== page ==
According to the research, it can, therefore, be said that in the context of state benefits, the law accords the same treatment to married and heterosexual unmarried couples. For instance, a cohabiting couple will be accorded the status of a married couple only under certain circumstances, in respect of benefits. The objective of these provisions is not the elimination of bias between married and unmarried couples but to make certain that the benefits available to persons staying on their own are not claimed by unmarried couples. The Inheritance Act permits a cohabitant to apply for family provision if that person had cohabited with the deceased, in a manner akin to that of a married couple, for a minimum period of two years prior to death.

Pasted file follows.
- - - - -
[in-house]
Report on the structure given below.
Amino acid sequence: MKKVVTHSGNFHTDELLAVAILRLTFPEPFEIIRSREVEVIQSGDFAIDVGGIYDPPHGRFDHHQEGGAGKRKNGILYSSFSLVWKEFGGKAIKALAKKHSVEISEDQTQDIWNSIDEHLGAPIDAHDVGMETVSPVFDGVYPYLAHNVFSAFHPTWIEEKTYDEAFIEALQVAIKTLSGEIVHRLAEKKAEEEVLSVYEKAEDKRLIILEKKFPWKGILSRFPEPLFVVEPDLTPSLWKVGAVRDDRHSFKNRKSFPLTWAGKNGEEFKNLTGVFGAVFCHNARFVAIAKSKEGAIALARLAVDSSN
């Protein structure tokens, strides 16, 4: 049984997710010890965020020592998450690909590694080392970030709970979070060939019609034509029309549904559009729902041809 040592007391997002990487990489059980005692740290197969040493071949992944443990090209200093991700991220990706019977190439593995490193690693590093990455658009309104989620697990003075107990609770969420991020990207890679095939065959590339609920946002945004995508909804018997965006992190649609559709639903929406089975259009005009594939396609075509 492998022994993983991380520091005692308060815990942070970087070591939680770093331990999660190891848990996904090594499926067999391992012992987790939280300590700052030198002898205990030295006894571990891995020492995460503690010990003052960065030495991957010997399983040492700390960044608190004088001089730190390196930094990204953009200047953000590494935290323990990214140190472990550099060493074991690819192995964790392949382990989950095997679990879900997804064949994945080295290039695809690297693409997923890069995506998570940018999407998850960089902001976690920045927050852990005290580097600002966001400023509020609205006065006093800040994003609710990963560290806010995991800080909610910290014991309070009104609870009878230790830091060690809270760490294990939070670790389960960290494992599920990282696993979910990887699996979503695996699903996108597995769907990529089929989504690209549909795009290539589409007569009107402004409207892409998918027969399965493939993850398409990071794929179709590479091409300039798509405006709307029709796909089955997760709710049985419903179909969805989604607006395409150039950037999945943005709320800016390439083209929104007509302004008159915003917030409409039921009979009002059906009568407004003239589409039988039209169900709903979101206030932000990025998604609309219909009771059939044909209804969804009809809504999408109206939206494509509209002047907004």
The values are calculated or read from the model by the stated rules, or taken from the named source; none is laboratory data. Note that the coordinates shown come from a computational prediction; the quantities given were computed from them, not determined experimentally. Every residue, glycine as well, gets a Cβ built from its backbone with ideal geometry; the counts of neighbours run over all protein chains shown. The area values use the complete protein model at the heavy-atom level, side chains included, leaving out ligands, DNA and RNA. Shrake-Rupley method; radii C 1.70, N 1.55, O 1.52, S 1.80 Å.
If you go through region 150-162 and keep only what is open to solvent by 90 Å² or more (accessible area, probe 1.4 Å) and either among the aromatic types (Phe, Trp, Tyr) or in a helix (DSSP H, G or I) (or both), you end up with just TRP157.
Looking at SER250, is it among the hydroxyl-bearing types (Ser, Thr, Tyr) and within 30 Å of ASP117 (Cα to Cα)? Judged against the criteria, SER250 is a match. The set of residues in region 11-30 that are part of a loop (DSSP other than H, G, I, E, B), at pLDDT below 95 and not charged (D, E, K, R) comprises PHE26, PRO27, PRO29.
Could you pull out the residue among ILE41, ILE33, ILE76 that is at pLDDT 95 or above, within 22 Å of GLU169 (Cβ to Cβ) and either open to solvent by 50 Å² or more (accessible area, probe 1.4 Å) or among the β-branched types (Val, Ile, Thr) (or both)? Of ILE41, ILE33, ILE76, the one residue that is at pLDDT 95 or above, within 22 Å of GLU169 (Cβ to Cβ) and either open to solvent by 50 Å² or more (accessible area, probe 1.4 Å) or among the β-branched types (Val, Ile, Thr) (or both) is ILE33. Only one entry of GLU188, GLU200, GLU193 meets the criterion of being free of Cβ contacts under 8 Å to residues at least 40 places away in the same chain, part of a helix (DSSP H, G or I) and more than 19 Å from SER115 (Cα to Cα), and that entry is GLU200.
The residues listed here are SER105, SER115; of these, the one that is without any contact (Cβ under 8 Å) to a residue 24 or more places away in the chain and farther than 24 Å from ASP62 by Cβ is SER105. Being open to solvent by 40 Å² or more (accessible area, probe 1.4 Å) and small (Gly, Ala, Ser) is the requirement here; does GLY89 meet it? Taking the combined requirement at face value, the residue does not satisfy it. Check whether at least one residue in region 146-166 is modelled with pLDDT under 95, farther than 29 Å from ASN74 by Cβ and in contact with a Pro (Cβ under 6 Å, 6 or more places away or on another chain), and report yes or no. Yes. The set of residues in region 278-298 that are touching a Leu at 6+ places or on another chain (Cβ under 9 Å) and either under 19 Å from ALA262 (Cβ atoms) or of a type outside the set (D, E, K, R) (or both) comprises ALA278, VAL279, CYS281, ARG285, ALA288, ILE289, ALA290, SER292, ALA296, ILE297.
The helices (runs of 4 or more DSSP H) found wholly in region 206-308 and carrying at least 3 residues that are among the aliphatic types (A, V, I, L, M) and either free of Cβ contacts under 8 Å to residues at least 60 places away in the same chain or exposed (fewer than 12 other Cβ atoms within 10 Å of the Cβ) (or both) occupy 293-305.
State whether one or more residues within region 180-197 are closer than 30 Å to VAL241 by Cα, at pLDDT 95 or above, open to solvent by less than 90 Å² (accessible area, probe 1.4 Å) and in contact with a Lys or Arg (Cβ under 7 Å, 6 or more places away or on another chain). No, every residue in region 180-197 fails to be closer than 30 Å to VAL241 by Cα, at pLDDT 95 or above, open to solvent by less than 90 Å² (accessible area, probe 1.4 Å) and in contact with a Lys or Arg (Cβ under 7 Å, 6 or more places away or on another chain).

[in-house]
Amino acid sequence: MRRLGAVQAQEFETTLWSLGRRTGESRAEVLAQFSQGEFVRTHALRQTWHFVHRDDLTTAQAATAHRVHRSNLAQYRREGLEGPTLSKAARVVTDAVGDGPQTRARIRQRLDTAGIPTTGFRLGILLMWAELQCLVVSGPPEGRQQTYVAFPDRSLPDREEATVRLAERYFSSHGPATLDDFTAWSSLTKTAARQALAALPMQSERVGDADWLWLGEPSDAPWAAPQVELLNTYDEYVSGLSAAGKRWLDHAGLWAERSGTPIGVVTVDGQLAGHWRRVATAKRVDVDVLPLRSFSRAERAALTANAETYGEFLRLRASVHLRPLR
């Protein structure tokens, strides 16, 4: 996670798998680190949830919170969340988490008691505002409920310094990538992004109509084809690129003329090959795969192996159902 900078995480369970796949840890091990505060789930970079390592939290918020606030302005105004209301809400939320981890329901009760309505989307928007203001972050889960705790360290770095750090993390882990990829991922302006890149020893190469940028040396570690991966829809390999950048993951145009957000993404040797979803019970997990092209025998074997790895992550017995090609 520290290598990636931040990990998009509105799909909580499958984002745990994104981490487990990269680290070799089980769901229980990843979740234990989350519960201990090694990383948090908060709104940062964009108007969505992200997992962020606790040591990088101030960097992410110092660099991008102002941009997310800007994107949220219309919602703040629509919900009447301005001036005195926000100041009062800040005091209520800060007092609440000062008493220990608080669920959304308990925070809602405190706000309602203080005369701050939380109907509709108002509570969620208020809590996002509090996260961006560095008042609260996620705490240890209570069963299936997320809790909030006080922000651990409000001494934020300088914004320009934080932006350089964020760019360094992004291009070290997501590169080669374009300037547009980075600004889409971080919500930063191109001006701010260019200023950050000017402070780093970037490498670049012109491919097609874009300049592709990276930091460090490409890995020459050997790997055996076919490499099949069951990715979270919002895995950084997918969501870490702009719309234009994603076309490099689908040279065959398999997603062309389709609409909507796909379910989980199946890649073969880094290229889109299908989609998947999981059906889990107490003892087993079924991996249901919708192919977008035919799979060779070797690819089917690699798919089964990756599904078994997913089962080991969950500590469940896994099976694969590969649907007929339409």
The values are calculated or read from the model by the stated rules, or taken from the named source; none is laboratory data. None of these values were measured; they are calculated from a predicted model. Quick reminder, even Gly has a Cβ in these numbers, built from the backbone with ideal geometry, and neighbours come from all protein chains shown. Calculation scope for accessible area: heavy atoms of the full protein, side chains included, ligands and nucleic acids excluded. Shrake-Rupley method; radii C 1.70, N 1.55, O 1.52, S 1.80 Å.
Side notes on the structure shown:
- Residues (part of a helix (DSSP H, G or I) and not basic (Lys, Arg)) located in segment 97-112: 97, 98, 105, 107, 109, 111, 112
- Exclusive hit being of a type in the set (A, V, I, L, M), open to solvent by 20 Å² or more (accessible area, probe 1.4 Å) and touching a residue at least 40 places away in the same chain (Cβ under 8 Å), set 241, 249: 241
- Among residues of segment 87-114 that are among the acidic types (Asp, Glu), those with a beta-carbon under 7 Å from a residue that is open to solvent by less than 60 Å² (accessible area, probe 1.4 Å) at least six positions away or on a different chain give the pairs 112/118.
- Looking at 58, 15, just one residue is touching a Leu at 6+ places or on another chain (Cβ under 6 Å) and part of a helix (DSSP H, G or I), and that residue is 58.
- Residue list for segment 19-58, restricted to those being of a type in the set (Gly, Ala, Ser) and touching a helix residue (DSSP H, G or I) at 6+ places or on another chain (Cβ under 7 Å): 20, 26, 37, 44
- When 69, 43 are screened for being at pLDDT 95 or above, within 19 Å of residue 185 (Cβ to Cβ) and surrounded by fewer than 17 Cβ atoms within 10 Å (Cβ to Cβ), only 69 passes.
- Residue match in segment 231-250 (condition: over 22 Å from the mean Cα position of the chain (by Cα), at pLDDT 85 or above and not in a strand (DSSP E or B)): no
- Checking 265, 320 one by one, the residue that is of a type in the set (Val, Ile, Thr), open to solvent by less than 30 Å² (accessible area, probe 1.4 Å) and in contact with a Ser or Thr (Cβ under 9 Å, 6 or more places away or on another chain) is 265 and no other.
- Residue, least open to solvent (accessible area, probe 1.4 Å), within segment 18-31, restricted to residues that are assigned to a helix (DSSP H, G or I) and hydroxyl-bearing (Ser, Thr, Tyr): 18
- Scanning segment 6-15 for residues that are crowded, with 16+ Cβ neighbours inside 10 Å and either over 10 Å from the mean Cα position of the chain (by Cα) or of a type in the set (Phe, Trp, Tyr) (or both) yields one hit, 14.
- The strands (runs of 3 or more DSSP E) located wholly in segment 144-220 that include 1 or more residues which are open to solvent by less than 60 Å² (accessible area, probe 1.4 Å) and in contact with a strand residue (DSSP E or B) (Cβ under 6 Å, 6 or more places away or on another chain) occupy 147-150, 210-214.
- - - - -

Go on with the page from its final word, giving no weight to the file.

Moreover, maintenance applications can be preferred only by an individual who was being maintained by the deceased immediately before death. Section 28, empowers a cohabitee to claim financial provision on separation. Cohabitant partners who desire to proceed in accordance with the law of trusts have to issue proceedings for a declaration under the TOLATA (Trusts of Land and Appointment of Trustees Act 1996).
Uncertainty to a significant extent was generated due to the seeming cessation of the constructive trust by the court of Appeal; this transpired in Oxley v Hiscock. The Civil Partnership Act 2004 was enacted through Royal Assent on 18th November 2004. Under this act person of the same sex can form a relationship that is legally not much different from marriage. Several amendments have transpired and it is no longer essential for civil partners to establish that they subsist as a married couple. It is merely sufficient to demonstrate that they live as civil partners.
The objective of the legislation is to ensure that marriage and civil partnership are accorded a similar social and legal status, in order to bestow equality upon couples who are of the same gender.
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